It abounds in numerous old buildings of various styles, churches and cultural institutions, preserving one of the oldest traditions among Serbian towns. Some of the main sights of this town, which are definitely worth visiting, are the Vršac Tower, the cathedral dedicated to St. Gerhard, Mesić Monastery, Chapel of St. Krsta, Vladičanski dvor, etc. The people of Vršac are especially proud of the beautiful and modern town square, ideal for walking and relaxation, surrounded by a spectrum of different architectural styles. 

The main landmarks of this city are the tower (the city is also known as the “town under the tower”), vineyards and the Mesić monastery. Although at first sight these are all completely different landmarks, they are all realistic – and what they have in common is the unknown time of their construction. 

The Vršac Tower is located on the hill above the town. The year of its construction is unknown, it is only known that it was built in the 15th century presumably by the despot Đurađ Branković. Next to the preserved Donjon tower, there was a smaller semicircular tower. At the beginning of the 18th century, the tower was demolished.

In 2009 a decision was made on the complete reconstruction of the building. The works started last year when the first phase was completed, including the complete reconstruction of the tower, with the so-called Tower gate. The second phase is planned to be completed this year, including the construction of walls and the small tower, as well as the complete refurbishment of the building as a tourist and sports center with a museum, lookout, restaurant and facilities featuring cultural and artistic events.

The Mesić Monastery is a nunnery of the Serbian Orthodox Church. There are no exact data on the construction of the monastery, some historians even assume that it was built as early as 1030, which would make it the oldest Orthodox monastery in the country.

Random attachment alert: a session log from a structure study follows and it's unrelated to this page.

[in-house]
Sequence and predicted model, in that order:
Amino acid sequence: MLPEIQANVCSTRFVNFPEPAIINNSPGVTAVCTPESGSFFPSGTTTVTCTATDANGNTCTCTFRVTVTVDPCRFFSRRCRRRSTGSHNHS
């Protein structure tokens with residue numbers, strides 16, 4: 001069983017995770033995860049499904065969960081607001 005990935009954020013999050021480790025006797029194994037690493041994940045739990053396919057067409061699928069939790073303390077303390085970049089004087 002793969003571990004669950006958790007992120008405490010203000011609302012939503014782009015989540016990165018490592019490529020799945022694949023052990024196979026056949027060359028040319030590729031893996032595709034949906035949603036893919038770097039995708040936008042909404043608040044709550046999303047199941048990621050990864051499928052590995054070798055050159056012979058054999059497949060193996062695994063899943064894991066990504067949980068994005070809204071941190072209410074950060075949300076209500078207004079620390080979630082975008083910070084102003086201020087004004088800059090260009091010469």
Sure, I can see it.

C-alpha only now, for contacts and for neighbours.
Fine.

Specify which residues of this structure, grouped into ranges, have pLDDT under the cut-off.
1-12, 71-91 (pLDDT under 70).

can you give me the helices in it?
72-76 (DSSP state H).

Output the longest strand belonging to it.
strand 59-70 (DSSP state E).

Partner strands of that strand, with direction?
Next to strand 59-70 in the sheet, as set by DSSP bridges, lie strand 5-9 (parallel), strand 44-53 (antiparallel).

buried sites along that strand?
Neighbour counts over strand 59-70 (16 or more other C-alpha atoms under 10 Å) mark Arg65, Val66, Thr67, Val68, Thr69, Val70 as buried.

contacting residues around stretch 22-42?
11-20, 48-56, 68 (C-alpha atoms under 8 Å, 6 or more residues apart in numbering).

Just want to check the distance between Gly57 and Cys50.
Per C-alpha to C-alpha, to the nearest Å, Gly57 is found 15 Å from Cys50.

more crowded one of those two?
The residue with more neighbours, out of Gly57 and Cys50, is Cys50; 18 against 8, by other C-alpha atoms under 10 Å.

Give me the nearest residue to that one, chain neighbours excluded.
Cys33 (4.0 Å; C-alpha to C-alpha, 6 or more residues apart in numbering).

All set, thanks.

However,  wine and vineyards are mostly associated with Vršac. This town has a long tradition in growing vines, from the times of the Decani and the Romans to the present day. The largest vineyards lie on its slopes, thus shaping the development of the city and its surroundings. The cellar of the “Vršac Vineyards” is especially interesting. Made in the shape of the letter “Y”, it is one of the three largest single-location wine cellars in Europe. If you stay a few days longer, you can embark on the Vršac wine route and get acquainted with the best wines from the Vršac vineyards.

Vršac is a town full of important cultural and sports institutions. Just to single out a few – we find the city museum which is the historical museum of the town, libraries, cinemas, sports centers, etc.

Vršac is also the birth town of many famous people, such as Pavle Paja Jovanović (one of the greatest Serbian painters), Milan Jovanović (famous photographer), Vasko Popa, Rada Đurčin and many others. One of the greatest figures of this city and Serbian literature is Jovan Sterija Popović (1806-1856), who very illustratively expressed his admiration for his hometown in just three words by saying “Vršac, lepa varoš” (Oh Vršac, a beauty of a town).

What should not be missed are the various events held in this city and its surroundings, such as the Grape Harvest Days (popularly known as the Grapes Ball as an event with a long tradition, held on the third weekend in September every year), Vršački venac (Vršac Wreath) – an international folklore festival, Vršačka pozorišna jesen (Autumn in the Vršac Theater) and many others.

Text: Slavica Blagojević (https://beautifulserbia.info/vrsac-grad-sa-dugom-tradicijom/)